By Liz Collin

HIBBING, Minn. (WCCO) – A Hibbing teacher caught on secret recordings insulting students will be allowed to keep teaching.

“She might tell you that, but deep in her soul she cries at night for having a son like you,” Dan Gotz can be heard saying on one recording.

Gotz has been on paid leave since the cellphone recordings surfaced last spring. WCCO found a decision on the teacher’s discipline has been reached.

“There are some big colored ladies that got some big old booties. This is why I wear sunglasses all the time. It doesn’t hurt to look,” Gotz can be heard saying on another recording.

For months, a student recorded his 7th-grade science teacher after he told his parents he couldn’t stand his off-color comments and the way he targeted one particular student.

“That’s No. 12. That’s where we’re going to start 15 minutes later. Dipstick,” Gotz said again in another.

The Hibbing School District placed Gotz on paid leave after the audio came to light last April. WCCO has learned Gotz will be back next school year but the district won’t say when.

Margaret O’Sullivan Kane represents the families who came forward. All summer, she says, they waited for some kind of resolution.

“This is the first time I’ve had a case where they’ve asserted attorney-client privilege over the investigation,” O’Sullivan Kane said. “What I’m having difficulty with is their failure to communicate with us.”

Gotz’s attorney, Phil Villaume told us his client is an excellent teacher with a great deal of community support.  Villaume said “lesser included discipline” was reached, but not termination.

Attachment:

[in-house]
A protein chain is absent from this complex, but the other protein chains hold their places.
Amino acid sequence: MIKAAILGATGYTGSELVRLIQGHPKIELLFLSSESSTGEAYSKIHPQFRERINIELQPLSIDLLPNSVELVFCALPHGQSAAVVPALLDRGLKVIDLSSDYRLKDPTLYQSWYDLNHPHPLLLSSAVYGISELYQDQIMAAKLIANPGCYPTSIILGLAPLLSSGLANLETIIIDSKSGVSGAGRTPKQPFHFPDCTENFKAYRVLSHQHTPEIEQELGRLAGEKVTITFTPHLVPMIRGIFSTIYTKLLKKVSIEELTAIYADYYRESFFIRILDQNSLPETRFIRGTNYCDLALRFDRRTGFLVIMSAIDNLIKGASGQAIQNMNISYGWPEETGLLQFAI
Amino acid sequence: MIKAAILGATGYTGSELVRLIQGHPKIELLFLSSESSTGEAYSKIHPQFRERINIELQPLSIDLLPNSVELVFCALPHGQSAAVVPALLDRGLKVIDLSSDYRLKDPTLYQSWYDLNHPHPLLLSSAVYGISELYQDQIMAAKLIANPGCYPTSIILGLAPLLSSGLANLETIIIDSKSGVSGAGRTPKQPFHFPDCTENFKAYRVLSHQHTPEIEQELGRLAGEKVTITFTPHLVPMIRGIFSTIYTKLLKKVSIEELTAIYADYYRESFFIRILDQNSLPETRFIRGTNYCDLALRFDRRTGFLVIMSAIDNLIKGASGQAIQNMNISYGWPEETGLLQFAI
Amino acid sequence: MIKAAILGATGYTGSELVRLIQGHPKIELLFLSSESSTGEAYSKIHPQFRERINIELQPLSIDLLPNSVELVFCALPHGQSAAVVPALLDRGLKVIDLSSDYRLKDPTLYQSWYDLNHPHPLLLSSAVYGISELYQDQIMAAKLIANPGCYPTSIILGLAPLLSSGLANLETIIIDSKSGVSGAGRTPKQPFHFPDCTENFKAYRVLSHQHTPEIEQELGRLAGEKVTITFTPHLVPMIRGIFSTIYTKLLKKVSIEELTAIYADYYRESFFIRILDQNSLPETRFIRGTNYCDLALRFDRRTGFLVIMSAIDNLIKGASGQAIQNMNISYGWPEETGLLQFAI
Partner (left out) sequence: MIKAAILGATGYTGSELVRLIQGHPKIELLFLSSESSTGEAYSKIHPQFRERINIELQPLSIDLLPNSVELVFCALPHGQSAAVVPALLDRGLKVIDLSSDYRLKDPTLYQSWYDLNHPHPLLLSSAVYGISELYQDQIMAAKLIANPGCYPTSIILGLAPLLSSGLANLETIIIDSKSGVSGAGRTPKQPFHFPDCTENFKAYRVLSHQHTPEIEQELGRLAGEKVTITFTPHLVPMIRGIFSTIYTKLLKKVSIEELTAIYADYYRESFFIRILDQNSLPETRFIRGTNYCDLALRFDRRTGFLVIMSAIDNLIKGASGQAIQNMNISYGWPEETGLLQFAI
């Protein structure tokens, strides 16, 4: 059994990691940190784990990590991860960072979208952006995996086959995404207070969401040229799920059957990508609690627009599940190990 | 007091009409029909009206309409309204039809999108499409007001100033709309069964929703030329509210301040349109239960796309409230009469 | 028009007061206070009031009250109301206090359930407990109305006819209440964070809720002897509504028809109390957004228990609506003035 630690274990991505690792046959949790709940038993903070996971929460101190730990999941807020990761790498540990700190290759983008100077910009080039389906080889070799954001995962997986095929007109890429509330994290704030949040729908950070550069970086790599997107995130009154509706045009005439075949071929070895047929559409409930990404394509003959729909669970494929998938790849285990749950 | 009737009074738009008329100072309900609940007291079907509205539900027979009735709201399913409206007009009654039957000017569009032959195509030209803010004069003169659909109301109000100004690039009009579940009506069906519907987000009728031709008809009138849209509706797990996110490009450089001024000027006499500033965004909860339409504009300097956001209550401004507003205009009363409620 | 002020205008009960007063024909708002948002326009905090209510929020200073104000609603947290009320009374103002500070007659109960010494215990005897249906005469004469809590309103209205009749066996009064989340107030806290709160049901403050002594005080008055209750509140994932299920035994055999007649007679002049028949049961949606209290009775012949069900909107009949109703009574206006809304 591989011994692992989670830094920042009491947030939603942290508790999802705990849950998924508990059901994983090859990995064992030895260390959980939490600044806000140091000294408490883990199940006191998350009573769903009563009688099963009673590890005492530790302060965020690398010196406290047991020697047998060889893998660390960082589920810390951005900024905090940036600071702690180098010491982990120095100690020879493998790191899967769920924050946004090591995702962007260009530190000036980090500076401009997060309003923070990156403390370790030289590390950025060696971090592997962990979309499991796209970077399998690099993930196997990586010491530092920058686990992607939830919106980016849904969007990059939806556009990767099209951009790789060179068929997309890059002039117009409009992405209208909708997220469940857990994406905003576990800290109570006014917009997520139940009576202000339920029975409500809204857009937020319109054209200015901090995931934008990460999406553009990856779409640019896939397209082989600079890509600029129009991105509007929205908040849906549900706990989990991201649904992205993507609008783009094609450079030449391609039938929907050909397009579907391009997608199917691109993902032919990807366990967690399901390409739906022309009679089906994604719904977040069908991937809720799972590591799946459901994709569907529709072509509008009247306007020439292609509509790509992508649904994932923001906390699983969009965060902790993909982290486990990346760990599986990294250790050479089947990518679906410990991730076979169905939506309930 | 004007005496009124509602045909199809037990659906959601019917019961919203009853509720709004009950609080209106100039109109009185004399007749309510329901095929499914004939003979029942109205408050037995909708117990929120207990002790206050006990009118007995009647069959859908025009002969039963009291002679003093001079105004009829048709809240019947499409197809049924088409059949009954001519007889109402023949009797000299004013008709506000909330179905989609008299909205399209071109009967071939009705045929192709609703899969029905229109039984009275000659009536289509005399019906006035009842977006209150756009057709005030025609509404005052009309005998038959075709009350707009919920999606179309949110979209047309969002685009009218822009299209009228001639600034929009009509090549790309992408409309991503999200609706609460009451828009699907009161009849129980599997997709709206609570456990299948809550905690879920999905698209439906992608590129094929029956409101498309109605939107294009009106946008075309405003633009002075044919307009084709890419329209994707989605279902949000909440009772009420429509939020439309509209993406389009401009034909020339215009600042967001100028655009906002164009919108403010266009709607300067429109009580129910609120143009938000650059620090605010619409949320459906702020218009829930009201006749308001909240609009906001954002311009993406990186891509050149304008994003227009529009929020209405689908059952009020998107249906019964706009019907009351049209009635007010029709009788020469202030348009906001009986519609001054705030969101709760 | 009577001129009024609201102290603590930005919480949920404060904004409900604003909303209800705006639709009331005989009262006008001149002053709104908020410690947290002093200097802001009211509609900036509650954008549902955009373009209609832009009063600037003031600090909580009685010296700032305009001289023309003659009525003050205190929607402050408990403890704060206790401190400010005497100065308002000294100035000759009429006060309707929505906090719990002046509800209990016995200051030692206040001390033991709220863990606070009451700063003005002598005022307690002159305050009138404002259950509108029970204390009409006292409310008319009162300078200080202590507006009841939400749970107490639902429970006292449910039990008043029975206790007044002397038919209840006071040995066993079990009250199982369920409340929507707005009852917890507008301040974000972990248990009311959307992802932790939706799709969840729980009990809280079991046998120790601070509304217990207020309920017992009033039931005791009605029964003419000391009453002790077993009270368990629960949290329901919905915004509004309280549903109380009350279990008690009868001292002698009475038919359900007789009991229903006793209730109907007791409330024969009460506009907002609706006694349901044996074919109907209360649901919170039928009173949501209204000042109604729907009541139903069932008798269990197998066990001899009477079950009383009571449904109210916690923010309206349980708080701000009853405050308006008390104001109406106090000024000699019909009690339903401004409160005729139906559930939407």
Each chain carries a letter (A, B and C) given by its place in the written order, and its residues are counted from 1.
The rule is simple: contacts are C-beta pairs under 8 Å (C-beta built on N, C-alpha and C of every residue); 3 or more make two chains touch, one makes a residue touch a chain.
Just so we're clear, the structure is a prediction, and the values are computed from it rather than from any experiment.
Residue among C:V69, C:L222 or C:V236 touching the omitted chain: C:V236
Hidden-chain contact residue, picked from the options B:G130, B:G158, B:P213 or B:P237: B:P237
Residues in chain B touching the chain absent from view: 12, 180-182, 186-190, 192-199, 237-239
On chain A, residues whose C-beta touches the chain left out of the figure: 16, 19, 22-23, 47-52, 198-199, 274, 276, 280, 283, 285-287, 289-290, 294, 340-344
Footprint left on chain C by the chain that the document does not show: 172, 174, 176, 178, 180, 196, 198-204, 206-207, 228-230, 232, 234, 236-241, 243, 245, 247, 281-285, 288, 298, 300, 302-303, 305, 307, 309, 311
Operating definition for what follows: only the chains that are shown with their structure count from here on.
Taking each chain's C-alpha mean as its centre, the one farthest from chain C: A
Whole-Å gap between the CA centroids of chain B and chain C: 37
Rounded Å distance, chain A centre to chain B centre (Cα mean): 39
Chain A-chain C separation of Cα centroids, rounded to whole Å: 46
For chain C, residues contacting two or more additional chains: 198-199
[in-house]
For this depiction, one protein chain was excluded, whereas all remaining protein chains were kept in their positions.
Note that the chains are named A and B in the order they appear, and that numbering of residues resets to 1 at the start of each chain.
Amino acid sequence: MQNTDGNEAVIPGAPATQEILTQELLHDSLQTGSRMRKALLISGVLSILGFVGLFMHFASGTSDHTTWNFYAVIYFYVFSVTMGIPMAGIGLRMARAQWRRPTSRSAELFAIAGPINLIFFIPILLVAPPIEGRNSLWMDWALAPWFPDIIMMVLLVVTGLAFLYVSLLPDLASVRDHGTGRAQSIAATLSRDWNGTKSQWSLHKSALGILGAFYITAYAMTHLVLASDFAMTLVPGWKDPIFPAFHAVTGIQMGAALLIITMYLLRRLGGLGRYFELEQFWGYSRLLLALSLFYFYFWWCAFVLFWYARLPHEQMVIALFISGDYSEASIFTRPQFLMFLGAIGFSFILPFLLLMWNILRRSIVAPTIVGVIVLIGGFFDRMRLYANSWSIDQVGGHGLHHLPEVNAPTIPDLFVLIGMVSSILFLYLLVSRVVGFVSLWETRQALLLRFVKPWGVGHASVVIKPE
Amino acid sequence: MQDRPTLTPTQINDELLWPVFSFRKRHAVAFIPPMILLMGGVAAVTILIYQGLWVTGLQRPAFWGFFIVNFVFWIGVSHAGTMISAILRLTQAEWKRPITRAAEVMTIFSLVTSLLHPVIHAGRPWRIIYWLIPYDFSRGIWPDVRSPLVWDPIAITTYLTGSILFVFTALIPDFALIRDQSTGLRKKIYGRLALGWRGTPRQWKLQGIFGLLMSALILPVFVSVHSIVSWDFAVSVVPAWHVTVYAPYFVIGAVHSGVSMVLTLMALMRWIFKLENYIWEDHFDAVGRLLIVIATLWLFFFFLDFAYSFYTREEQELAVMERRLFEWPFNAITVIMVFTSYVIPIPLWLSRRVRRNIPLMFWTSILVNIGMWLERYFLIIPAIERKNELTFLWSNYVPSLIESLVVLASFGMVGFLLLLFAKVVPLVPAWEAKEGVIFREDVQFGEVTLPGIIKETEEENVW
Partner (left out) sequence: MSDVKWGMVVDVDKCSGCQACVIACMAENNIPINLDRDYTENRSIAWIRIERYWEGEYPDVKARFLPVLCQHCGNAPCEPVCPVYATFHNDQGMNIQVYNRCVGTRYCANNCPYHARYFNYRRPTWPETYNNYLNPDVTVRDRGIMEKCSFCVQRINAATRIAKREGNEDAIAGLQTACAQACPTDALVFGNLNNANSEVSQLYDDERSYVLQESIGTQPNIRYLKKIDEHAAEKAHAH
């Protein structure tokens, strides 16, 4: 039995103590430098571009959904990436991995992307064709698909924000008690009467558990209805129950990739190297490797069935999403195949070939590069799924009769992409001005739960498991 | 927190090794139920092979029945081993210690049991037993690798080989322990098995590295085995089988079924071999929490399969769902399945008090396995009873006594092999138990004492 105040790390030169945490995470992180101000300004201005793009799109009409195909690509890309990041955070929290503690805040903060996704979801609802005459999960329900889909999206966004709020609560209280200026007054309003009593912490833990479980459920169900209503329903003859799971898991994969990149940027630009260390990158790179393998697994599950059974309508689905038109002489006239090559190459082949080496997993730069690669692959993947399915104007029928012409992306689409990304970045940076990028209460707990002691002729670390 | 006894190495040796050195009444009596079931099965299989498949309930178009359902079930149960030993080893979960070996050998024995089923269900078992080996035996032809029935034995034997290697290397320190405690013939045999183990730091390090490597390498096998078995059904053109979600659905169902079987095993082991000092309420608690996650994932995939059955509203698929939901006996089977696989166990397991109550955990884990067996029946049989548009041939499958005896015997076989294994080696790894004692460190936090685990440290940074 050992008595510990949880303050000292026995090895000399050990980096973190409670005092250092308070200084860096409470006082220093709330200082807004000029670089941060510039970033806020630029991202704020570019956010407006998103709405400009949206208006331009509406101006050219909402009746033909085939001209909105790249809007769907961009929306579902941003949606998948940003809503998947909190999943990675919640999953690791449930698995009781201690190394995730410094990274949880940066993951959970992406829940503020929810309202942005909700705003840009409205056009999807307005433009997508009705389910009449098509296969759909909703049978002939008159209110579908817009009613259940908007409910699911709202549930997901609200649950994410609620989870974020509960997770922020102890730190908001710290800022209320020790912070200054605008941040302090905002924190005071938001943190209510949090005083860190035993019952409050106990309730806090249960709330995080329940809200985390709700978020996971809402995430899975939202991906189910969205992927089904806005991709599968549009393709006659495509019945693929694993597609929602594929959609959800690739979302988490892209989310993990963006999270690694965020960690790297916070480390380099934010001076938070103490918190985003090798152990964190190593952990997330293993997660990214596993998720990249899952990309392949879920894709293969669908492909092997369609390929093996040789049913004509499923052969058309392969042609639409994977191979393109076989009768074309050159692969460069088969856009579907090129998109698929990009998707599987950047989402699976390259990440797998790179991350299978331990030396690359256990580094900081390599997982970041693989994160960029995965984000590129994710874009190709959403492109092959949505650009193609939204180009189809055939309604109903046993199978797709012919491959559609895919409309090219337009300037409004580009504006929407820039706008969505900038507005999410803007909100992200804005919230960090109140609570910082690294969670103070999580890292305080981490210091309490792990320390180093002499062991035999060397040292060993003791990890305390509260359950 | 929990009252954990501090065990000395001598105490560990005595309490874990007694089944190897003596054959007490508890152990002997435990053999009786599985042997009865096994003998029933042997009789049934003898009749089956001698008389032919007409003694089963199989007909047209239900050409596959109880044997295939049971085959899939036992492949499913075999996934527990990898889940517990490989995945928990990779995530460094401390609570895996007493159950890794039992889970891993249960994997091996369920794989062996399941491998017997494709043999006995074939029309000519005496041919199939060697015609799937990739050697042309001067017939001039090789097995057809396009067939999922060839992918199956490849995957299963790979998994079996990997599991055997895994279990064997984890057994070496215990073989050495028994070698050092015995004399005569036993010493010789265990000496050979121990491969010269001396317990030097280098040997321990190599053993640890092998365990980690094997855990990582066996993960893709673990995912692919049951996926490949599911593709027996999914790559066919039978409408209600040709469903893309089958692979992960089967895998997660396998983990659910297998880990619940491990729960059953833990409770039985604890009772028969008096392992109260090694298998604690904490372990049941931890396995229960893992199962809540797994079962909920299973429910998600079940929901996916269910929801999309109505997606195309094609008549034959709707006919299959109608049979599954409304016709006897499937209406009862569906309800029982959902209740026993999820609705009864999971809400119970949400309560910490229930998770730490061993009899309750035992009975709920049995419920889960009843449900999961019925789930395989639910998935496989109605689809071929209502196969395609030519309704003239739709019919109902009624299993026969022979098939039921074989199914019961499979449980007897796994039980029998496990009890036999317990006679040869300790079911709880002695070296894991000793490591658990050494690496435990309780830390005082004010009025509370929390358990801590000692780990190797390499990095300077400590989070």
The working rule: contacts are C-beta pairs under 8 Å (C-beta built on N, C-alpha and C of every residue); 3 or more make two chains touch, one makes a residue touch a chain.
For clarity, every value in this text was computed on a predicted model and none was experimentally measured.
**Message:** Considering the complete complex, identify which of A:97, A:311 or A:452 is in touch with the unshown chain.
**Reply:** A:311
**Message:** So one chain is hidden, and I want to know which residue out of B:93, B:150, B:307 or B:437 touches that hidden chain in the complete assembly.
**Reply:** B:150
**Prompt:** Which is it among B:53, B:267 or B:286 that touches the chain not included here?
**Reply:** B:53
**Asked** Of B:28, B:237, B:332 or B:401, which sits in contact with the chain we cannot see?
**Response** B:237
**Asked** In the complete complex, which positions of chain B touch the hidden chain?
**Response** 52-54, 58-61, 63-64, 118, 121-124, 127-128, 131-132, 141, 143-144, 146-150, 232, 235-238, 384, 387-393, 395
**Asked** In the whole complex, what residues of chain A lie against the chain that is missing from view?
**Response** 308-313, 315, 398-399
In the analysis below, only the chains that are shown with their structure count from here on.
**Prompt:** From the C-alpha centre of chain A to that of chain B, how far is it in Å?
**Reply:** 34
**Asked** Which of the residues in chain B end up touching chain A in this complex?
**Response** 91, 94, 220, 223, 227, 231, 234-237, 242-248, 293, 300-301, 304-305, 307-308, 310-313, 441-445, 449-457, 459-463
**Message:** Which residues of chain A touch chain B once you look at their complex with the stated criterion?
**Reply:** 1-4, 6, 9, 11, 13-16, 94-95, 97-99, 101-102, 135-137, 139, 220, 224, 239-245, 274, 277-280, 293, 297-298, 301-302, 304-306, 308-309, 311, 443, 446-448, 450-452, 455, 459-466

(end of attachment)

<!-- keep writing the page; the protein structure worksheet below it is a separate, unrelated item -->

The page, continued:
The Hibbing School District would only say the complaints against Gotz were taken seriously and thoroughly investigated. The superintendent says privacy laws keep them from saying more.

“We would like to know what happened to him and what’s been done to restore this balance and address this misconduct,” O’Sullivan Kane said.

Kane’s been asking the district to minimize the contact between Gotz and the now 8th grader, along with an assurance he’ll return to a safe and non-hostile school environment come next week.

“Between now and then we’re hoping we can have some open communication about this child’s return to the school,” she said.

We did check with the state agency that oversees teacher licensing in Minnesota. A spokesperson at the Minnesota Professional Educator Licensing and Standards Board told us it had no public disciplinary data available on Dan Gotz.

Liz Collin